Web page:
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Belief in the Unseen and the Hereafter
  Essay on the Jinn - Demonic Visions
Author: Shaikh ul-Islaam Ibn Taymiyyah
Article ID : AQD080002  [27955]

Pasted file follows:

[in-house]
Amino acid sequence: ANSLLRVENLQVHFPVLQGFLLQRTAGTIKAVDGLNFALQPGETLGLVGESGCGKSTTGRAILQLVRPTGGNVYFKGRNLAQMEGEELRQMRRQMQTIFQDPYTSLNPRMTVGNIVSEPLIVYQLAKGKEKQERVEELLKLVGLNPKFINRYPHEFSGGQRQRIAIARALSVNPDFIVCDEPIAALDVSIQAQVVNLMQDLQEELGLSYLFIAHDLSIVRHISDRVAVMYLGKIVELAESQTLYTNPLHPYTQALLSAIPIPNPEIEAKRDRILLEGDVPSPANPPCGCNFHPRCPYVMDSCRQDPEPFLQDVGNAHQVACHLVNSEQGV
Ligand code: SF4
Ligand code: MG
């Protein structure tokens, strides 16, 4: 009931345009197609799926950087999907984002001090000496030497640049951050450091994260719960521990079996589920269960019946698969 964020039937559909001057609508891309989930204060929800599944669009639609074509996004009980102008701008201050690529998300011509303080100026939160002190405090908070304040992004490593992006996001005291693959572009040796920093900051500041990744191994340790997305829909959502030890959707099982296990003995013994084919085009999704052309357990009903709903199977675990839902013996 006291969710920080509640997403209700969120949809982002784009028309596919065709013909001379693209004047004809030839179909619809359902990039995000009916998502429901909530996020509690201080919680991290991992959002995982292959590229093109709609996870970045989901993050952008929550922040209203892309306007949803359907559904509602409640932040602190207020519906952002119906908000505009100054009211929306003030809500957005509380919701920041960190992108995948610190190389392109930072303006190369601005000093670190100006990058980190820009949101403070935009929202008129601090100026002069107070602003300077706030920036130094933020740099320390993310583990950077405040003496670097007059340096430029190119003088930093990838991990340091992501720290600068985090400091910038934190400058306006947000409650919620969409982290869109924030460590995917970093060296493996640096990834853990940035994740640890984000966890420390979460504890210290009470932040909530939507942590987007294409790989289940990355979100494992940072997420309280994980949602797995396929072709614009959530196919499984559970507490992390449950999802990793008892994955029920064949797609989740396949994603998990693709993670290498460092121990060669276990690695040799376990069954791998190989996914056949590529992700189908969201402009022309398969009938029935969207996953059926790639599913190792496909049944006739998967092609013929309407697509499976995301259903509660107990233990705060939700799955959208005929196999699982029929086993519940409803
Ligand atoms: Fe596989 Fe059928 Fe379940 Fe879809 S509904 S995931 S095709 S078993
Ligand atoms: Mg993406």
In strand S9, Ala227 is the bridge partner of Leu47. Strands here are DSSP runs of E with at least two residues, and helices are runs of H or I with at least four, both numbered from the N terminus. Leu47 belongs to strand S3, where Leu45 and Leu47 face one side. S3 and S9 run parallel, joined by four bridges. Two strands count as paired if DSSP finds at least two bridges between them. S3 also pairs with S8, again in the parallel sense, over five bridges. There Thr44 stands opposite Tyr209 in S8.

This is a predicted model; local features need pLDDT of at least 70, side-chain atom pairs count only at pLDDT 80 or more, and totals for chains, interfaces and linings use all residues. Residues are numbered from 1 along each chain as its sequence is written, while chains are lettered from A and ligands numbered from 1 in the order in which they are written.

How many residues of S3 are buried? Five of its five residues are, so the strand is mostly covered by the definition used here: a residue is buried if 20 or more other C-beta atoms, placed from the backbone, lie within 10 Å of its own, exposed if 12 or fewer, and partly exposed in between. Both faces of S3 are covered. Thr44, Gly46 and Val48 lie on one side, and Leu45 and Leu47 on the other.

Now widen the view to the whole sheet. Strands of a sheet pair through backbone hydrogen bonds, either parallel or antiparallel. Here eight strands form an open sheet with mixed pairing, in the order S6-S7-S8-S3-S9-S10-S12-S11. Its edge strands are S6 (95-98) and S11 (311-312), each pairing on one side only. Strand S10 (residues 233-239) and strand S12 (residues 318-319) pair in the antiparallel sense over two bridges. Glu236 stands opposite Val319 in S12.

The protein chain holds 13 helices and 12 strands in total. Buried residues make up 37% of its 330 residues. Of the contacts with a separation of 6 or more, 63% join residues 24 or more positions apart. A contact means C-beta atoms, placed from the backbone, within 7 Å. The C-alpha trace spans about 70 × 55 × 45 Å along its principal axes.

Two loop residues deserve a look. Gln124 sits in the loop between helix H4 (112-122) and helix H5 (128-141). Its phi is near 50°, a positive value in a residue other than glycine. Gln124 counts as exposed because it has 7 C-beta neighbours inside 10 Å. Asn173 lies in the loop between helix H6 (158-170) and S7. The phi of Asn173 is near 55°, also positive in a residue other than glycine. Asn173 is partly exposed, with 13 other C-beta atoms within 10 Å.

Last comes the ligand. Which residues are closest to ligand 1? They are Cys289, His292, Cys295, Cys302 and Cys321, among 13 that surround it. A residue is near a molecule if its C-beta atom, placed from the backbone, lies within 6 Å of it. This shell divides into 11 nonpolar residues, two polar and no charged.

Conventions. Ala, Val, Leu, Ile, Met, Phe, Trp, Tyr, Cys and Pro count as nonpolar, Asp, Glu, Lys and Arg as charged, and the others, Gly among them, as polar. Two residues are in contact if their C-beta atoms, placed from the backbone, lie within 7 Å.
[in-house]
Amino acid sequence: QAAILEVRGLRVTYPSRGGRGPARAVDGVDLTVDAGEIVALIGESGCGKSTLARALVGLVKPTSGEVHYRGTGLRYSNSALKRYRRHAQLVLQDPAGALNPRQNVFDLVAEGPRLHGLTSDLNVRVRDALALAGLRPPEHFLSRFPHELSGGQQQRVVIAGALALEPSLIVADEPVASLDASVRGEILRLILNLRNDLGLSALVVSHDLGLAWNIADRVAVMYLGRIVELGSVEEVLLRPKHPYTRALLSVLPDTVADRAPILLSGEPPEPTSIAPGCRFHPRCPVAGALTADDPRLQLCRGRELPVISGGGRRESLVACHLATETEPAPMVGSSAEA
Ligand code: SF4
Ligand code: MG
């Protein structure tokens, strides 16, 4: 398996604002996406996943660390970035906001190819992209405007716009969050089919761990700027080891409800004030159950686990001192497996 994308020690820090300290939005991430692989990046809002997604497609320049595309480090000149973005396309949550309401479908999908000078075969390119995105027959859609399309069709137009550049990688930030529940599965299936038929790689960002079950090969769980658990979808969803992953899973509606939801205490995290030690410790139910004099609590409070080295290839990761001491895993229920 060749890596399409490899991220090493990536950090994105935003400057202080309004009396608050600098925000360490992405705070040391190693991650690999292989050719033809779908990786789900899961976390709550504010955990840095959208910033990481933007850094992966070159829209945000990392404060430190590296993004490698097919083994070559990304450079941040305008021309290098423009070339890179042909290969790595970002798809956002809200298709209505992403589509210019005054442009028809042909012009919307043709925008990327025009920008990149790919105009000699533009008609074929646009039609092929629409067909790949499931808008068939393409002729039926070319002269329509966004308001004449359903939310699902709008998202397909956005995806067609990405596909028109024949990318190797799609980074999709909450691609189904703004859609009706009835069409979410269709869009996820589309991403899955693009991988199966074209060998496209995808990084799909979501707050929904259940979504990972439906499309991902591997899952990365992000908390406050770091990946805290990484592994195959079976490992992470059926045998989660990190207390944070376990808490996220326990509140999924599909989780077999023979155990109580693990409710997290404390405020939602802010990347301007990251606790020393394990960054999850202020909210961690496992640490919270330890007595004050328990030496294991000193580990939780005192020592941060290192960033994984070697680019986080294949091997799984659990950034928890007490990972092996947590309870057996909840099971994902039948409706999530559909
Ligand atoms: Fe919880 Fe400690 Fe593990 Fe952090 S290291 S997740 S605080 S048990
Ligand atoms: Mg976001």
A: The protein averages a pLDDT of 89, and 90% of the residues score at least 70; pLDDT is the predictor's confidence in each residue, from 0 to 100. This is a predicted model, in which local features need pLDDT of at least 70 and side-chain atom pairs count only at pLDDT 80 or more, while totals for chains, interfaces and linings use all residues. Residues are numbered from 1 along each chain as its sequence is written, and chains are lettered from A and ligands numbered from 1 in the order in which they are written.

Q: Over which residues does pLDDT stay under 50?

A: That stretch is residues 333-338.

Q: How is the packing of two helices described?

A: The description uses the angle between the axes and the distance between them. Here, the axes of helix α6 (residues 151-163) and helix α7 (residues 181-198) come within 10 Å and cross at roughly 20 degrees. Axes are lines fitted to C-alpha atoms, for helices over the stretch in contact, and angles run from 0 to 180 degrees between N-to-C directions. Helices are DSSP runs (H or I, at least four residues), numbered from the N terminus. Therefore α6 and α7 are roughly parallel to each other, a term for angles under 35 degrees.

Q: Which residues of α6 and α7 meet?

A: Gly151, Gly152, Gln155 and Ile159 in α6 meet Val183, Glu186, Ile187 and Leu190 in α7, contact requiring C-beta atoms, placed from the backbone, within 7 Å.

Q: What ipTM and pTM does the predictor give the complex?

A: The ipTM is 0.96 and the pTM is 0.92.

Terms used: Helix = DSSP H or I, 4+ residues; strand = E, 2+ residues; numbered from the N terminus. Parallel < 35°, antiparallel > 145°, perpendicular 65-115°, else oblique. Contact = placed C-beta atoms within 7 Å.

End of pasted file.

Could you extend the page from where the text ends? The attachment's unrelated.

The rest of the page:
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Sometimes the Jinn will take the form of those admired and stand at 'Arafat, and those who believe well of him will think that he actually stood in 'Arafat. Many others have also been actually carried by the devils to 'Arafat and other sacred places. In such cases they pass the Meeqaat (boundaries that may not be crossed while on Hajj, around Makkah) without formally entering the state of Ihraam, or performing many of the obligatory rites of Hajj like making the Talbeeyah (chant of response to God's call) or circulating the Ka'bah, and walking between the mounts of Safaa and Marwah. Among them are some who do not even pass through Makkah, others who stand at 'Arafat without performing the pre-requisite rite of casting stones at the Jamaraat etc. It is by these and other similar feats that Satan leads seemingly pious people in misguidance. Sincere devotees among heretics are in this way enticed to do acts wich are prohibited (Haraam) or despised (Makrooh) in the religion. Satan is able to make such misdeeds appealing to them by convincing them that they are among the Karaamaat (supernatural or quasi-miraculous feats) of the righteous. However they are, without a doubt, Satanic deceptions because Allaah cannot be worshipped by any religious injunction which is neither compulsory (Waajib) nor recommended (Mustahabb). Whoever performs an act of worship which is neither Waajib nor Mustahabb believing that it is so, has been deceived by Satan. Even if it is decreed that such a person will be forgiven due to his good intention and striving, the act itself is still unacceptable to Allaah [An example may be seen in the mistaken belief held by some that a man's head must be covered while he is in formal prayer - Salaah - as is the case among Jews or that a woman's hair to be covered while reading the Qur'aan. However, the Prophet saws did not order that it be done nor recommended it but merely followed the customs of his people during that time.]. Such acts are not among the things with which Allaah honors His pious servants who are close to Him, as there is no honor in performing prohibited (Haraam) or despised (Makrooh) acts [Such is the case of the celebration of the Prophet's saws birthday - 'Eed Meelaad an-Nabee - which probably began among ignorant Muslims trying to outdo or at least compete with the Christians's celebrations of Christmas. Meelaad celebrations are a form of innovation - Bid'ah - in religion which has been forbidden by the Prophet saws who said: "Whoever innnovates in this affair ouf ours - i.e. Islaam - something which does not belong to it will be rejected. - Reported by 'Aa'eshah and collected by Al-Bukaaree and Muslim]. Divine honor lies in protecting one whom Allaah loves from such acts and preventing him from doing them. For, committing misdeeds debases one who does them and does not in any way favor him, even if he is not punished for doing them. Doing despised or Haraam acts MUST decrease the spiritual level of both the one who does them as well as his followers who praise such acts and glorify him. For, heaping praise on prohibited and despised acts, and honoring the one who does them is definitely a form of deviation from the path of Allaah. The more and more a man innovates in the religion as a result of independent judgement (Ijtihaad), the further he becomes from Allaah, because innovation (Bid'ah) removes him from Allaah's path; the divine path of "those who Allah has blessed from among the prophets, the sincerely truthful, martyrs and righteous" [An-Nisaa 4:69] unto the path of "those with whom Allaah is angry and those who have gone astray" [Al-Faatihah 1:7]. Ibn Taymeeyah mentioned the following [This begins a segment from vol.35 of Ibn Taymeeyah's compendium, Majmoo' al-Fataawaa.] historical incident concerning al-Hallaaj [Al-Husain ibn Mansoor al-Hallaj (858-922 CE) studied under the eminent Sufi teachers of his time (Tustaree, 'Amr Makee and Junaid) then broke with them and went out into this world to preach asceticism and mysticism in Khurasan, Ahwaz, Fars, India and Turkistan. On his return to Baghdad from Makkah in 908, many were attracted by his teachings, and disciples rapidly gathered around him. He taught that the five pillars of Islaam may be replaced by other works. He also taught about the existence of an uncreated Divine spirit (Rooh Naatiqah) which becomes united with the created spirit of the ascetic through desire of and submission to suffering.


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